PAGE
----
So right off the bat, the people who do buy your product are those who probably know your brand, and trust you.

On top of this, you know that you’re heading in the right direction.

Put your ego in the ground

Okay, that sounded a little rude.

But look, a lot of people are afraid that customers won’t perceive their product the way they do.

And that means that once they’re faced with rejection they fuel their ego by making every design tweak and every feature upgrade they can possibly make.

Because they think that’s what the customer wants.

Put all that in the ground.

Listen to your customer.

Your product isn’t for your ego.

It’s for your customer.

Make the changes that they want. Not the changes that you think they will want.

Now, to wrap up short, I want to leave you guys with my all time favorite quote by Syed Balkhi, the guy behind WP Beginner, and OptinMonster.

“Never start a business just to make money. Start a business to make a difference.”

 

2 Comments

  • Steve K. says:

    Selling a prototype sounds like a good idea to test the waters and save a few bucks. There’s just three little problems with this:

    F-C-C

    You can’t legally sell any product in the US that is subject to FCC Part 15. Anyone in the hardware business should knows that this applies to damn near everything that has any form of electronic capability. If you’re selling LED-illuminated toilet seats then maybe you’re exempt, but if you’re making an ARM-enabled toilet seat then you’re looking at several grand for emissions testing. If you’re making a Bluetooth-connected toilet seat, you’re looking at 10’s of thousands.

    This is a real dilemma… most of us starting up don’t have the cash to blow on certification, especially if we don’t know if the product will sell. Kind of a chicken-and-egg situation. IMHO, you have a few options:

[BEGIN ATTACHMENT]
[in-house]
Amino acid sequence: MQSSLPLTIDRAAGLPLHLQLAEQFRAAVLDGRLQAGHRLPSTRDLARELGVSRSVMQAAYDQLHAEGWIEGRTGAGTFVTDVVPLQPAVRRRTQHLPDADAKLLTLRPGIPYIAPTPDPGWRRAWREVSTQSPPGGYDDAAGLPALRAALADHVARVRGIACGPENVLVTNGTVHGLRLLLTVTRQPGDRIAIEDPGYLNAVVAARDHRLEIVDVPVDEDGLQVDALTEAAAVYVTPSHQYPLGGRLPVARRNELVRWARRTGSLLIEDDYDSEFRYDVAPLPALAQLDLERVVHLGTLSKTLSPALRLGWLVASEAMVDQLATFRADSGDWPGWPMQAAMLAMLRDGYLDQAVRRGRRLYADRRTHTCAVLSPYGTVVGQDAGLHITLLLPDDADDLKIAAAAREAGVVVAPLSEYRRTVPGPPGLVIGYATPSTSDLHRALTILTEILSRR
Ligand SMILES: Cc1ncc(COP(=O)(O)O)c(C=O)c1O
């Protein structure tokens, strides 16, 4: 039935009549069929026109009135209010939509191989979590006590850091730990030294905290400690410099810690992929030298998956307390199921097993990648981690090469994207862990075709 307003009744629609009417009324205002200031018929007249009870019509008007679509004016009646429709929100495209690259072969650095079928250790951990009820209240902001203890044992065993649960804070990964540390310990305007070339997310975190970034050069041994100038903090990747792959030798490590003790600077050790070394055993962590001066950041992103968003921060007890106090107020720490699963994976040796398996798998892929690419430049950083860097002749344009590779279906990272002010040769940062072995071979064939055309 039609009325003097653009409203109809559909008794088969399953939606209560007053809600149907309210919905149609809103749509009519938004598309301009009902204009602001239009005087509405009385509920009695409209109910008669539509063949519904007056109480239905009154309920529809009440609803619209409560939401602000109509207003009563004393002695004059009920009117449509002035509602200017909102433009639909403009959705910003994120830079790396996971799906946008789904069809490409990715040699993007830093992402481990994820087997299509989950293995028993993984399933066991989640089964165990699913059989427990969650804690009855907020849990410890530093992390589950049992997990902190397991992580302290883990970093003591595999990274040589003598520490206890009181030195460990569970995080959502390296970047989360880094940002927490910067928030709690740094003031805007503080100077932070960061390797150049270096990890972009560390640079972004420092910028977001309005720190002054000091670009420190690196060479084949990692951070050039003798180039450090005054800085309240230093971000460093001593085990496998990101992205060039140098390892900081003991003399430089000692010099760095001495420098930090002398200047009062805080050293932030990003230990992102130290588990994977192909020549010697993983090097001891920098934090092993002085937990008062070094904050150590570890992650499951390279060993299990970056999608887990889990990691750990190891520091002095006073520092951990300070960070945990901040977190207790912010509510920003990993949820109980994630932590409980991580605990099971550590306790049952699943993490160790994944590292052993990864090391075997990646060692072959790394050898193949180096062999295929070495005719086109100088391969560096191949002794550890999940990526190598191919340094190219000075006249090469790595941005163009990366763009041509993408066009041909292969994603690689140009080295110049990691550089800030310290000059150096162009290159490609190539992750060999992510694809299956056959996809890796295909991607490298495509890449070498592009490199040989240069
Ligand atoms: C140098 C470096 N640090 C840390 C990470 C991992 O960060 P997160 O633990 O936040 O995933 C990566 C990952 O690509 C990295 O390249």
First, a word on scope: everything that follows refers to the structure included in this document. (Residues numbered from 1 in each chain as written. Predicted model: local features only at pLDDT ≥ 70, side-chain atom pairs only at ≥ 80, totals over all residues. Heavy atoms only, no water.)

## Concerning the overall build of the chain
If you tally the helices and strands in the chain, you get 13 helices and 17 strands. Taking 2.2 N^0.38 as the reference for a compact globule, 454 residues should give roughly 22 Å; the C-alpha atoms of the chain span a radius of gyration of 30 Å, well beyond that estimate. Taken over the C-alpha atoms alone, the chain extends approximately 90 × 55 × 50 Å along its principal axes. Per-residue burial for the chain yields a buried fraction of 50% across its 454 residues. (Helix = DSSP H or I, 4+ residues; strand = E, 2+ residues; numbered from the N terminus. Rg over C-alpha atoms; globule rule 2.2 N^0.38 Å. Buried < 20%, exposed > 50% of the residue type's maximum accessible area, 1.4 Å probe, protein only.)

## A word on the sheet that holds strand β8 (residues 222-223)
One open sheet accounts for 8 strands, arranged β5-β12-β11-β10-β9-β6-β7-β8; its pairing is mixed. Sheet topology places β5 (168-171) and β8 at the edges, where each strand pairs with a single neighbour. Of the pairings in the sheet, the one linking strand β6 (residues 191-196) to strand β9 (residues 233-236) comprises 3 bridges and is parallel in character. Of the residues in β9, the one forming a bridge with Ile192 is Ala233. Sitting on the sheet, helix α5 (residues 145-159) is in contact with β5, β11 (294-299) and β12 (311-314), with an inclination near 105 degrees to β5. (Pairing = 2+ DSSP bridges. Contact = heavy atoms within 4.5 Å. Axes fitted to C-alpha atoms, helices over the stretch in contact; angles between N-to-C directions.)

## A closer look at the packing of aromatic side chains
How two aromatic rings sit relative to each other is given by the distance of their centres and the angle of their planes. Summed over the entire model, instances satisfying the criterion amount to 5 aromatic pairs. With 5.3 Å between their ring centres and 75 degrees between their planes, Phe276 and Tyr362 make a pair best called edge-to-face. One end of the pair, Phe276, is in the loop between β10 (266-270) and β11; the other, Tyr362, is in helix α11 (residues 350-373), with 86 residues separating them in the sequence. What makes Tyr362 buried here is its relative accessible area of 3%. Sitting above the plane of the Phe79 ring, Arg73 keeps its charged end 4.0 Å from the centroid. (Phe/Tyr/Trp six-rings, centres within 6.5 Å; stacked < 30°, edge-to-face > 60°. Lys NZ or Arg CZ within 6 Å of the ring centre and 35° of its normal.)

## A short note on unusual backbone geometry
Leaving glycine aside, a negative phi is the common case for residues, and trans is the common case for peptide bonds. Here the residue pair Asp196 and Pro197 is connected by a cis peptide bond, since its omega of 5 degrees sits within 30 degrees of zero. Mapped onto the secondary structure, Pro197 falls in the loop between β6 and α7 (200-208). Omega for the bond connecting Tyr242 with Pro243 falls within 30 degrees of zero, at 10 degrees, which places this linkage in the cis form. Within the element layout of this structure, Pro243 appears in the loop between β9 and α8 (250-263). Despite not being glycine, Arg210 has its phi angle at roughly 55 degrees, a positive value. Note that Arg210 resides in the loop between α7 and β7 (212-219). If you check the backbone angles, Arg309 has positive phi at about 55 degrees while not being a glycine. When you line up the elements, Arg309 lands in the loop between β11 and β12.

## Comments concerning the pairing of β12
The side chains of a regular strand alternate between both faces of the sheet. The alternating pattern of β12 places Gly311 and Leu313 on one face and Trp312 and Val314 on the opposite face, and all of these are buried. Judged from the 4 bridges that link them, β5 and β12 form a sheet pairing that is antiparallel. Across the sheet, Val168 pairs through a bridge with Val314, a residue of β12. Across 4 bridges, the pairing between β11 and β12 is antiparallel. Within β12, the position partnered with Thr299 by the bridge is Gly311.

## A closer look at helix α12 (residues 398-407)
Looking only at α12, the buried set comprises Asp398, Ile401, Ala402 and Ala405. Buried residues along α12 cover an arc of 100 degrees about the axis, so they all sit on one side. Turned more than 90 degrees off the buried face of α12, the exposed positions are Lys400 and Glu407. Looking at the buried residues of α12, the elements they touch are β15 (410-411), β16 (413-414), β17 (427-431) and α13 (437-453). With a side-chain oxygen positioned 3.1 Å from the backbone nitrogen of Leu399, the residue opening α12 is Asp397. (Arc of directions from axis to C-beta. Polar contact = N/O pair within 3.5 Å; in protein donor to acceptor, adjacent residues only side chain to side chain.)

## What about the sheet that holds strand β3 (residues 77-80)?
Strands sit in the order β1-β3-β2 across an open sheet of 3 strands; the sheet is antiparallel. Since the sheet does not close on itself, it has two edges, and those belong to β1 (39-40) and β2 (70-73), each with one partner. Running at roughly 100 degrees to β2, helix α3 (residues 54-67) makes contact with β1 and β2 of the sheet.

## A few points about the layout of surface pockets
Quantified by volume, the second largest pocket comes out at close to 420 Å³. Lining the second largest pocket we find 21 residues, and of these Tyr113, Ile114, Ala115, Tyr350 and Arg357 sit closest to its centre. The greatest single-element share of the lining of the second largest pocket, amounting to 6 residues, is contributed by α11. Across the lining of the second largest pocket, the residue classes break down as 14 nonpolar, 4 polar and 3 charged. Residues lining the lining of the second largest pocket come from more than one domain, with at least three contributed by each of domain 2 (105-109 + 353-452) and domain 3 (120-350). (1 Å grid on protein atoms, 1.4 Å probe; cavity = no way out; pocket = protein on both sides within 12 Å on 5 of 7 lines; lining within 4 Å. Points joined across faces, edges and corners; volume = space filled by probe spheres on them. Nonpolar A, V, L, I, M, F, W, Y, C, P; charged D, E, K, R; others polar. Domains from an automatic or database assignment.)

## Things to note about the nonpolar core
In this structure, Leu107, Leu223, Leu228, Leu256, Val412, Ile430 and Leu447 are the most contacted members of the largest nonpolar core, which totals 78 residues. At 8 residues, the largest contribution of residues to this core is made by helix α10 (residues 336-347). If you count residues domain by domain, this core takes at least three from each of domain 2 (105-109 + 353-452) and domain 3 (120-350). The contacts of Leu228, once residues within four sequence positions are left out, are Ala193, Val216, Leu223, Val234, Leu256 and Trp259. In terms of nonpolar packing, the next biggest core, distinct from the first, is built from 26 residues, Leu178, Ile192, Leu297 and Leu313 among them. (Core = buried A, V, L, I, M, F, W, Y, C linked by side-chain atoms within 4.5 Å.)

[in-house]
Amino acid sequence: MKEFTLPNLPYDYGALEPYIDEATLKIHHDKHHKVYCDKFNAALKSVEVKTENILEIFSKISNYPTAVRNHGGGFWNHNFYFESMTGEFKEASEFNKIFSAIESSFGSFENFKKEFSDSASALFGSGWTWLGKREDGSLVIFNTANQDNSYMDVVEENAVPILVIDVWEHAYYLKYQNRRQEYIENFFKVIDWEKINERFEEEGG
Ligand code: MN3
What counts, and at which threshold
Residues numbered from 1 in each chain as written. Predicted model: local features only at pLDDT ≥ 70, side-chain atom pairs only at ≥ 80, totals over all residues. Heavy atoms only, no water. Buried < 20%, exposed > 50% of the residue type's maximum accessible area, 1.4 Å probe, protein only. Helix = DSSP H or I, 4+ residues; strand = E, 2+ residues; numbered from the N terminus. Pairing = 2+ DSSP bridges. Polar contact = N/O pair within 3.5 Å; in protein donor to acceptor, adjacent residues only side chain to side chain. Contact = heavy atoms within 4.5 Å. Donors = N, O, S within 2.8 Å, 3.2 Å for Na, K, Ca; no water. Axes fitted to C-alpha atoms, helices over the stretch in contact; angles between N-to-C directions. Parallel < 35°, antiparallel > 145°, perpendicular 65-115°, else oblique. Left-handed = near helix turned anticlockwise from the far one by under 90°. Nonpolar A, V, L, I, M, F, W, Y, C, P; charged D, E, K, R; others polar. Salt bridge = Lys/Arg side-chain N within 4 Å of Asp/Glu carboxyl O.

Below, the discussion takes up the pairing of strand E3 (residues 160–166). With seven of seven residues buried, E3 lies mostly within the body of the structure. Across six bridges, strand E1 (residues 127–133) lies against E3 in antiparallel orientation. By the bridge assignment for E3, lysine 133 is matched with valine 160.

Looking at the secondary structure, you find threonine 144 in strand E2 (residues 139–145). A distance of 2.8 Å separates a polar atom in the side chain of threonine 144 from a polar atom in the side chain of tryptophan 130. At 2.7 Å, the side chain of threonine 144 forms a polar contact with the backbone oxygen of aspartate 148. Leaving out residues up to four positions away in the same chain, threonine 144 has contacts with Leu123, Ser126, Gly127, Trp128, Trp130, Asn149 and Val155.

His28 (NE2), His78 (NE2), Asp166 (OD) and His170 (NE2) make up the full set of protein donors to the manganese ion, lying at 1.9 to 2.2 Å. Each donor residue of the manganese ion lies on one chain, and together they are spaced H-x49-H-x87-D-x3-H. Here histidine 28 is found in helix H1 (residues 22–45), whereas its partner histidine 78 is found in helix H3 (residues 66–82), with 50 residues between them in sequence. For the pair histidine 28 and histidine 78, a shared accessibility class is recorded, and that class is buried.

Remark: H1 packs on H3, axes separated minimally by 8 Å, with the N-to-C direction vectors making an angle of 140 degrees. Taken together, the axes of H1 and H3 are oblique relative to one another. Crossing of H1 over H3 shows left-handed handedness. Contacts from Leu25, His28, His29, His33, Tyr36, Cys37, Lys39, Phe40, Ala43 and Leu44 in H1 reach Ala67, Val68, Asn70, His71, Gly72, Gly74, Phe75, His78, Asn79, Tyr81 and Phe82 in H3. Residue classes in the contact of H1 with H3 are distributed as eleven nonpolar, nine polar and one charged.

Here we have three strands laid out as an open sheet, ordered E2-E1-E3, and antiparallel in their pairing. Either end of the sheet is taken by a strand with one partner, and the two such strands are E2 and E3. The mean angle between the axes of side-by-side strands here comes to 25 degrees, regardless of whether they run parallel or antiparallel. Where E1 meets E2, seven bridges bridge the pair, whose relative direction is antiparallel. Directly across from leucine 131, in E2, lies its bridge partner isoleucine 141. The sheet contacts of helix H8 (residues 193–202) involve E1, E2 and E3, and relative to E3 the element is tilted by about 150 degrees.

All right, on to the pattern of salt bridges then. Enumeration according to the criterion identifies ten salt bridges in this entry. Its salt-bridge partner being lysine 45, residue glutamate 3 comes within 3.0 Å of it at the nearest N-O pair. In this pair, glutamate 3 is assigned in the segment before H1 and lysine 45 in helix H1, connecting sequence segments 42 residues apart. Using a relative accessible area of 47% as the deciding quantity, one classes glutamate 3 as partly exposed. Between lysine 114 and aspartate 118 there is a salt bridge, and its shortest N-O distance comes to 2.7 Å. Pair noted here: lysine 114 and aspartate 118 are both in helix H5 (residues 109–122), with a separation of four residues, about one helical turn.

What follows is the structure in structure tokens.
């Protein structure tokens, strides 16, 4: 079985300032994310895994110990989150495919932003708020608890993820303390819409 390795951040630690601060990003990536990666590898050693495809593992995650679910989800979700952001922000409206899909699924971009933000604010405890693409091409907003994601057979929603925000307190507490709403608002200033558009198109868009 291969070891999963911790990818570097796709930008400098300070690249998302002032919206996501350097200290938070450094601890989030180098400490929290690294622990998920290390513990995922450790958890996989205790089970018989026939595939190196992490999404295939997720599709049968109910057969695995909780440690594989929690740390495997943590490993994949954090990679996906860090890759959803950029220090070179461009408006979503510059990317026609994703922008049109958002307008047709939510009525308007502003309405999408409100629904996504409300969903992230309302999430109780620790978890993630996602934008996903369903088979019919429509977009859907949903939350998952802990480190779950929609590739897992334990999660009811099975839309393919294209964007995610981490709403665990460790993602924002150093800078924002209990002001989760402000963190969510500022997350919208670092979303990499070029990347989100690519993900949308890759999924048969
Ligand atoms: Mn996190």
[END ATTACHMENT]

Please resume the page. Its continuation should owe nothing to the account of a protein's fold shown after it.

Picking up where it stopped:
1) Give away or loan your protos to beta testers
    2) Make your best effort, cough up the cash to get your first product certified, then sell it
    3) Start a crowdfund campaign. If you’re successful, you’ll have money in the bank to get certified before you ship to your backers. If you fail, then no money wasted on compliance.

    Notice “sell it without FCC certification” was not on the list. Hopefully, that is not what this article is advocating. Would like to hear your views on this, Wesley.

    FCC certification is not just a good idea, it’s the law. I’d like to hear some ideas on how to creatively address it rather than turn a blind eye.

    • Wesley Chang says:

      Thanks for the great thought provoking comment!

      For anyone who isn’t sure if the product would sell, well that’s what MVPs are for! Always, always, always get your product validated before you start investing more time and money.

      Loaning your prototypes is a great way to bring in that super valuable customer feedback, which is really what prototyping should be all about. Gathering feedback, that is. And since there are cases where you would want to sell your prototype, it should only be to make a few extra bucks. Feedback should always come first at this stage.

      But in the case of selling your prototype I would suggest, instead of starting a crowdfunding campaign, raise the funds for certification through investors since crowdfunding is more about shipping a final product rather than putting your prototype in front of your audience.